a person sitting, sad in a key hole while a party goes on behind them

It's Not You, It's Me - Cancelling Plans and RA

It’s not you, it’s me. We’ve all heard that before – usually when breaking up with someone or being broken up with. I realized recently that it applies to living with chronic illness as well, and we deal with the same stigma when we say it. Why? Probably because people always take our absence as a personal insult.

Canceling plans with RA

The reason this came up is that recently I had to cancel an engagement the day of- not because I was terribly sick or because I came down with COVID, but just because I didn’t have the emotional and mental energy left to exist in a place where I barely knew any of the guests other than the host. I dreaded the small talk I’d have to have with people who didn’t even know my name, the mental energy I’d have to expend remembering their names and caring about their car or their mortgage or their kids – whatever falderal their mouth holes spewed.

It's not you, it's me

As I was forcing myself to shower, I realized I didn’t want to do it. So, I texted the person and told them I just didn’t have the energy to make it today and I was sorry. As a bit of humor I added, “it’s not you, it’s me.” Needless to say, the joke didn’t land and chances are I’m not going to get invited again without serious effort on my part, and that’s when it hit me – so what?

I don't have the energy to do it all

It sounds horrible even reading what I wrote above but lately, I have begun to come to terms with a hard truth about living with rheumatoid arthritis and chronic illness in general – I no longer have the daily energy to do everything everyone wants me to, and that’s going to leave some broken hearts in my wake.

In a perfect world, people will accept the excuse I give them when I just don’t have the energy and accept that it has absolutely nothing to do with them or our relationships as friends. However, just like in the dating world when you say, “it’s not you, it’s me,” people treat it as a cop-out and come away feeling slighted. Well, I’m here to say it’s inevitable and give you permission not to expend even more precious mental and emotional energy worrying about it after the fact.

Focusing on my closest relationships

Seriously, let’s play it out. Your close friends and loved ones know you well and know by now that if you say you can’t, you probably can’t. Why? Because they have seen you when you can, and they know how good of a friend you are when you are able. That means, all in all, they aren’t people who are going to be offended when you say you have to cancel.

That leaves the acquaintances and “old friends” who you rarely see. Well, here’s the simple truth about that – if they take offense to you canceling, then they don’t really get you anyway, and if that's the case, they probably don’t really care if you come, either. That means you really don’t have to waste some of your precious energy feeling bad! Great, problem solved!

The constant RA guilt

You’re still here, aren’t you? Yeah, I get it, it’s just not that simple. We are going to feel bad about canceling because of our illnesses no matter what. There’s so much more wrapped up in the bouillabaisse of feelings and emotions than simply feeling bad for ruining someone’s guest list count.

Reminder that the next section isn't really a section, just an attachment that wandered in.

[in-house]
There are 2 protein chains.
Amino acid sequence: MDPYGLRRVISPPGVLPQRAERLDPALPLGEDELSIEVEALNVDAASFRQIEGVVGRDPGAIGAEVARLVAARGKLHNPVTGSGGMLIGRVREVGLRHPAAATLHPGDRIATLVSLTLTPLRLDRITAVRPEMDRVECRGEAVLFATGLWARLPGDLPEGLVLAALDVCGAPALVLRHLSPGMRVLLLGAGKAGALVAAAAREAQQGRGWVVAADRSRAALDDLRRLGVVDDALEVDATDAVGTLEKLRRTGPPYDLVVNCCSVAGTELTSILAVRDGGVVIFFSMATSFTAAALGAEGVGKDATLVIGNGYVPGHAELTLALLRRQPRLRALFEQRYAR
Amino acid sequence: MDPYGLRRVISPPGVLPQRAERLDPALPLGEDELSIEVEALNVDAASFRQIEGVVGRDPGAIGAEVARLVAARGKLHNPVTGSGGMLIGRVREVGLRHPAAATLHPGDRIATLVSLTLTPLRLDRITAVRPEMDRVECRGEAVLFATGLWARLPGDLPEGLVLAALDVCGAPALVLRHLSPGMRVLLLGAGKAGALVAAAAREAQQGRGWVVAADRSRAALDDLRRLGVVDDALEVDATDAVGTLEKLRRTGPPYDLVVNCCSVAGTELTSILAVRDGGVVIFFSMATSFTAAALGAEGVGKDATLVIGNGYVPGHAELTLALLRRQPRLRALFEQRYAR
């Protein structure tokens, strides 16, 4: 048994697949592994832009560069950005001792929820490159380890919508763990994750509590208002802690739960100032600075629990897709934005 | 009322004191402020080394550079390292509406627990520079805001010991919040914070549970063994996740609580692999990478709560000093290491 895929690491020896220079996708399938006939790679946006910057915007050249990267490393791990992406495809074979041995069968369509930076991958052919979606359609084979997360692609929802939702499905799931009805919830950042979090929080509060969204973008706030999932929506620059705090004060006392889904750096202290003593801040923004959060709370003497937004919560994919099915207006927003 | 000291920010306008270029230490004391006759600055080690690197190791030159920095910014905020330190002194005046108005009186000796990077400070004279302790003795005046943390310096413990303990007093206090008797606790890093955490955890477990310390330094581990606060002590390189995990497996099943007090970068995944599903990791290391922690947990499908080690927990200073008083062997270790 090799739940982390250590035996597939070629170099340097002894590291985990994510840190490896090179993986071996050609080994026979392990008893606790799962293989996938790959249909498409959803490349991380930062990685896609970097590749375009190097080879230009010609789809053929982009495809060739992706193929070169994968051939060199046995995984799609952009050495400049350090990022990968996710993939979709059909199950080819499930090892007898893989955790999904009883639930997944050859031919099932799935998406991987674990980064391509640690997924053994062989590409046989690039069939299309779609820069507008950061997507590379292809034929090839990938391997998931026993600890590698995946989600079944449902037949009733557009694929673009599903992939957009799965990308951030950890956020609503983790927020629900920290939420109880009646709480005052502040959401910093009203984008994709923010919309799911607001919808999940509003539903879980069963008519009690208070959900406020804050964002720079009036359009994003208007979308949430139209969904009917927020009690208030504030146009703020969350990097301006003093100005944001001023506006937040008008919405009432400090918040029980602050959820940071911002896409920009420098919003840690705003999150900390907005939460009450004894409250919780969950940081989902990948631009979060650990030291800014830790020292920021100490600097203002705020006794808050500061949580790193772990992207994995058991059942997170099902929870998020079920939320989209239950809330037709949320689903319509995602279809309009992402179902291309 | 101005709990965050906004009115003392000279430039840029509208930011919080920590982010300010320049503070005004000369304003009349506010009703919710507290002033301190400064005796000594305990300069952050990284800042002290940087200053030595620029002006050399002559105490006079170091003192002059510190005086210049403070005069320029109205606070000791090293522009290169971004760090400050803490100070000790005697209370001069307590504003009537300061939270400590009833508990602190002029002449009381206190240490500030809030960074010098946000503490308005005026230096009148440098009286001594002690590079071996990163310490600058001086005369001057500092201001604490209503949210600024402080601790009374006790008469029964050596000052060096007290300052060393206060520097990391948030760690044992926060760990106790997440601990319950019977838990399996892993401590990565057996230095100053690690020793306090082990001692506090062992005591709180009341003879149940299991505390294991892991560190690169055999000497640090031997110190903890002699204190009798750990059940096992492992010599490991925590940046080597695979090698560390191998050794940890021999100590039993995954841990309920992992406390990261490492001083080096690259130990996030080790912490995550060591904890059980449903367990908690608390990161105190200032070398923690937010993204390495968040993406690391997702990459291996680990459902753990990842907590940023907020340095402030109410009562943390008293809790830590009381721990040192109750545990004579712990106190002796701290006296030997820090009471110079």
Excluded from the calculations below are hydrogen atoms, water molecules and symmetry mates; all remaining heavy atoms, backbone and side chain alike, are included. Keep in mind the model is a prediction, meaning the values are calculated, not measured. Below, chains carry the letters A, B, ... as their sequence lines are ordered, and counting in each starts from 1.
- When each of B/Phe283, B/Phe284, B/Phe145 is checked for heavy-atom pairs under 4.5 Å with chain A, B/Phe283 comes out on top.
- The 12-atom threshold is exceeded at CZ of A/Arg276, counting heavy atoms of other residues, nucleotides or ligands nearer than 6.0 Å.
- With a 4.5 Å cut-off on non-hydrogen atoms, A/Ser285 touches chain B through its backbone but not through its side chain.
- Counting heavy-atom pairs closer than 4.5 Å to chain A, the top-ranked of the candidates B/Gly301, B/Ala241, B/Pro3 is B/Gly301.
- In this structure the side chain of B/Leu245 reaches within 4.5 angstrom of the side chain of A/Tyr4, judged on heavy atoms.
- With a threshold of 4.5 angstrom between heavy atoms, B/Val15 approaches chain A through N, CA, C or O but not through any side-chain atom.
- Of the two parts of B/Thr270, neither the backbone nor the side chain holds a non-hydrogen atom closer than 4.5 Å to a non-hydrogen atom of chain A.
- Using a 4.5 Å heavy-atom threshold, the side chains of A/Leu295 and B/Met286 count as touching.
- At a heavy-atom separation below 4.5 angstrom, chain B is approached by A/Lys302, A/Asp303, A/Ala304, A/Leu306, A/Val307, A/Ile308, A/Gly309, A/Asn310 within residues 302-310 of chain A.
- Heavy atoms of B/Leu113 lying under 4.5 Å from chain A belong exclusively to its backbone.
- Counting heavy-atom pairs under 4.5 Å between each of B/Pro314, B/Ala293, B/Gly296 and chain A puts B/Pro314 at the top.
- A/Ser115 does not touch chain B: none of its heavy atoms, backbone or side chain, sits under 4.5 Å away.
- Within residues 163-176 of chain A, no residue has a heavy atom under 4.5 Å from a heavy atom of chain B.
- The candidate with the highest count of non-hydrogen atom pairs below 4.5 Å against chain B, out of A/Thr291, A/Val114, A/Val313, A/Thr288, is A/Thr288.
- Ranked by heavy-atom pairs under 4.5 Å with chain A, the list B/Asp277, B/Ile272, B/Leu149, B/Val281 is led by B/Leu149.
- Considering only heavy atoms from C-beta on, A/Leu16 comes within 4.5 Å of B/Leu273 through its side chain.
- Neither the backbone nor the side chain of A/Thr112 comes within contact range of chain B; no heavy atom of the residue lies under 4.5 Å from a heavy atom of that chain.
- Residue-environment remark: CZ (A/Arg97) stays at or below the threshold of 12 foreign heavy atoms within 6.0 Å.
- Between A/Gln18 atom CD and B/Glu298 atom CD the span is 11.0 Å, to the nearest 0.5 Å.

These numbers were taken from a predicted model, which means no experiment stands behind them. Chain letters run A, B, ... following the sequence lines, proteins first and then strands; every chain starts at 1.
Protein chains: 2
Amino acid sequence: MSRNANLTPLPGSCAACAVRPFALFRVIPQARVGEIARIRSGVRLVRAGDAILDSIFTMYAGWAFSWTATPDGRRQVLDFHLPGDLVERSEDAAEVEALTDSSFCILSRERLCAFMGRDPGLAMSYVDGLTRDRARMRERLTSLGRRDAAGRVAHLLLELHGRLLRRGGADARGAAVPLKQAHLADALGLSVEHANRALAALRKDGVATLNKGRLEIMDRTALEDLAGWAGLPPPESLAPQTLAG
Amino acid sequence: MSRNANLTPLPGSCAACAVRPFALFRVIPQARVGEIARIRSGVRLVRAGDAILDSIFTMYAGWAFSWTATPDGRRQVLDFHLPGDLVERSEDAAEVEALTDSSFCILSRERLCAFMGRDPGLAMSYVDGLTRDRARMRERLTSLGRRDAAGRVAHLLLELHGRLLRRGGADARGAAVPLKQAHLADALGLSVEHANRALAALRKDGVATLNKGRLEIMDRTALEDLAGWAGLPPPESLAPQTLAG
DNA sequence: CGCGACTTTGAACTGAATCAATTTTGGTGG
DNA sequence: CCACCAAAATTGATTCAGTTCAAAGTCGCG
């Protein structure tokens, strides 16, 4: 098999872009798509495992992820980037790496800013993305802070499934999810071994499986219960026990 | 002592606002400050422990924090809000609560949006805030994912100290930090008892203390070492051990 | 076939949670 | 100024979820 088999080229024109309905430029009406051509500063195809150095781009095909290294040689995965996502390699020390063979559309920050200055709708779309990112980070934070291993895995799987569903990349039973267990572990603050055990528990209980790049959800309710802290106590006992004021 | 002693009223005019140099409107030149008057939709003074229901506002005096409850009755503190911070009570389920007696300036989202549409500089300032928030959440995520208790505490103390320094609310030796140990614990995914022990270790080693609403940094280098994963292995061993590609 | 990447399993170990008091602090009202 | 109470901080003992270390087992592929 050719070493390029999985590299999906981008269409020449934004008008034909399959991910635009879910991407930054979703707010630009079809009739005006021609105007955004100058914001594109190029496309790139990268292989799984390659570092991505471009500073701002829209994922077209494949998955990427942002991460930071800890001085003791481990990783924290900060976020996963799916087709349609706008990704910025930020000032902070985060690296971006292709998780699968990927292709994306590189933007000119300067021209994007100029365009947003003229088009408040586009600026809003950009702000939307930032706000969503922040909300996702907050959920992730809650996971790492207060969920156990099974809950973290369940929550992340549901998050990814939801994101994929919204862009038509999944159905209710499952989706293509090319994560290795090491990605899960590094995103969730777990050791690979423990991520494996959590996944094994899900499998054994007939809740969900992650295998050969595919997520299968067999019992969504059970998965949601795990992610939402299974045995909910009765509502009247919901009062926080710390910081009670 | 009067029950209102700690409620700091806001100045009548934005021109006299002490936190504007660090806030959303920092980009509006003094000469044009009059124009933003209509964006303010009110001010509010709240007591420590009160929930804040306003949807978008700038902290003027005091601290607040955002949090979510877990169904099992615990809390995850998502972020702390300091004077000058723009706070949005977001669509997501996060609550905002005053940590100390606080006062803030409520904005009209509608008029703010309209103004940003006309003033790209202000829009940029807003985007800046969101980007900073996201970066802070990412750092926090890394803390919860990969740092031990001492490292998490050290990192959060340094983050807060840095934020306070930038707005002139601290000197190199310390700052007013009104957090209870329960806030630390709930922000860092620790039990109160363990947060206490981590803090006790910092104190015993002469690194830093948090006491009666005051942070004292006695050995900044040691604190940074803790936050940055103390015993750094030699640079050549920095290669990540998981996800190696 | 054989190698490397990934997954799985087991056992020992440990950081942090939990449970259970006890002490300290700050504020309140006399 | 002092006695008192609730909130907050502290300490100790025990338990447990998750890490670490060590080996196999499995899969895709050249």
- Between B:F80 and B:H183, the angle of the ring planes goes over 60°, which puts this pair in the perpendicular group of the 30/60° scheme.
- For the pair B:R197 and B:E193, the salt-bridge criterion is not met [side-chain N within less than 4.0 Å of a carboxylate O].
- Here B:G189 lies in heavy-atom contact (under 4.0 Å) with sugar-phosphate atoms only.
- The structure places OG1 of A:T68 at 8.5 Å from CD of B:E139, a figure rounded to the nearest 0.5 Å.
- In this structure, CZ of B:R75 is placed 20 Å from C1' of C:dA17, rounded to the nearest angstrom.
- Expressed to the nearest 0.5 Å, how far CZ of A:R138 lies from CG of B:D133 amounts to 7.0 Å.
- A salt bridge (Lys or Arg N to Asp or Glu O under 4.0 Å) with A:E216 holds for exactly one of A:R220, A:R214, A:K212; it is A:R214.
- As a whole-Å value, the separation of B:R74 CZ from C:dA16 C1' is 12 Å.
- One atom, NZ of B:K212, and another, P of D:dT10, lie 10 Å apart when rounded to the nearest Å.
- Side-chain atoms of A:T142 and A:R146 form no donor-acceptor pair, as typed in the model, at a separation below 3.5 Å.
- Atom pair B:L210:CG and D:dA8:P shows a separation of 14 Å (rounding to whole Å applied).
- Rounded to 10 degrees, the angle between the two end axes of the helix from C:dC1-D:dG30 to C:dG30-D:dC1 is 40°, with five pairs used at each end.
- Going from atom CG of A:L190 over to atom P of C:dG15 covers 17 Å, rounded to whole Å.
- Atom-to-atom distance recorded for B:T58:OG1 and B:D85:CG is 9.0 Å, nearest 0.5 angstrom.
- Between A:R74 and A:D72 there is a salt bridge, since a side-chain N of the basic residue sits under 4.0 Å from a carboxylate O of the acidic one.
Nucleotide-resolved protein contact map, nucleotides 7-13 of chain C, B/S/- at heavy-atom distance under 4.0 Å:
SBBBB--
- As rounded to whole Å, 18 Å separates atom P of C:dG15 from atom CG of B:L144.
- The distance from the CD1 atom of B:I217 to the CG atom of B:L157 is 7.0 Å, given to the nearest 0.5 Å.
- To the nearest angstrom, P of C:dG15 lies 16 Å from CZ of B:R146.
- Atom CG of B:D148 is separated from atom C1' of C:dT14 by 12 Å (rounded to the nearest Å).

There’s the guilt of letting our illness have power over us, there’s the frustration of not being able to grin, bear it, and push through, and then there’s that always-in-the-background base level of shame that comes along with chronic illness because, well, just because.

It’s like that can of lima beans in the back of your pantry – it’s always around, you don’t know who put it there, and it certainly doesn’t taste very good, but you aren’t able to get rid of it for some reason. Just in case the zombie apocalypse hits, and you need food, I guess. Metaphorically, that is.

Everyone needs to cancel sometimes

Here’s the thing – it’s not like “normal,” able-bodied people don’t cancel – especially these days when old-school etiquette and rules of social decorum seem to be, uh, let’s say, in short supply. They use excuses like the kids are sick, or they have to make clam chowder, or they just don’t show up at all. At least we have a legitimate excuse that isn’t complete, weapons-grade, baloney. Yet, for some inexplicable reason, able-bodied people seem to get a pass for transgressions like that while we suffer like a social pariah when we cancel. Or, at least, that’s what we feel like is happening.

It could be that the hosts simply read our cancellation text, shrug, and then head off to have another toaster-oven warmed taquito appetizer, but my experience tells me that people with RA and other chronic illnesses only get 3 strikes before we don’t make the guest list at all when “normal” guests who frequently cancel seem to keep getting invited no matter how bad the excuses they give are. You have to wash your hair?? Come on – try to use at least 30 seconds to think of an excuse.

Be easy on yourself

As you can see, canceling plans and not having the energy to do things isn’t a simple one-to-one exchange when you are living with rheumatoid arthritis and chronic illness in general. There is so much more that goes into it and while the party goes on without us, we sit at home, hemming and hawing over something that likely means nothing to anyone but us. That’s why “it’s not you, it’s me,” really does feel most appropriate when canceling plans, both because of what we go through and the response we get! Talk soon.

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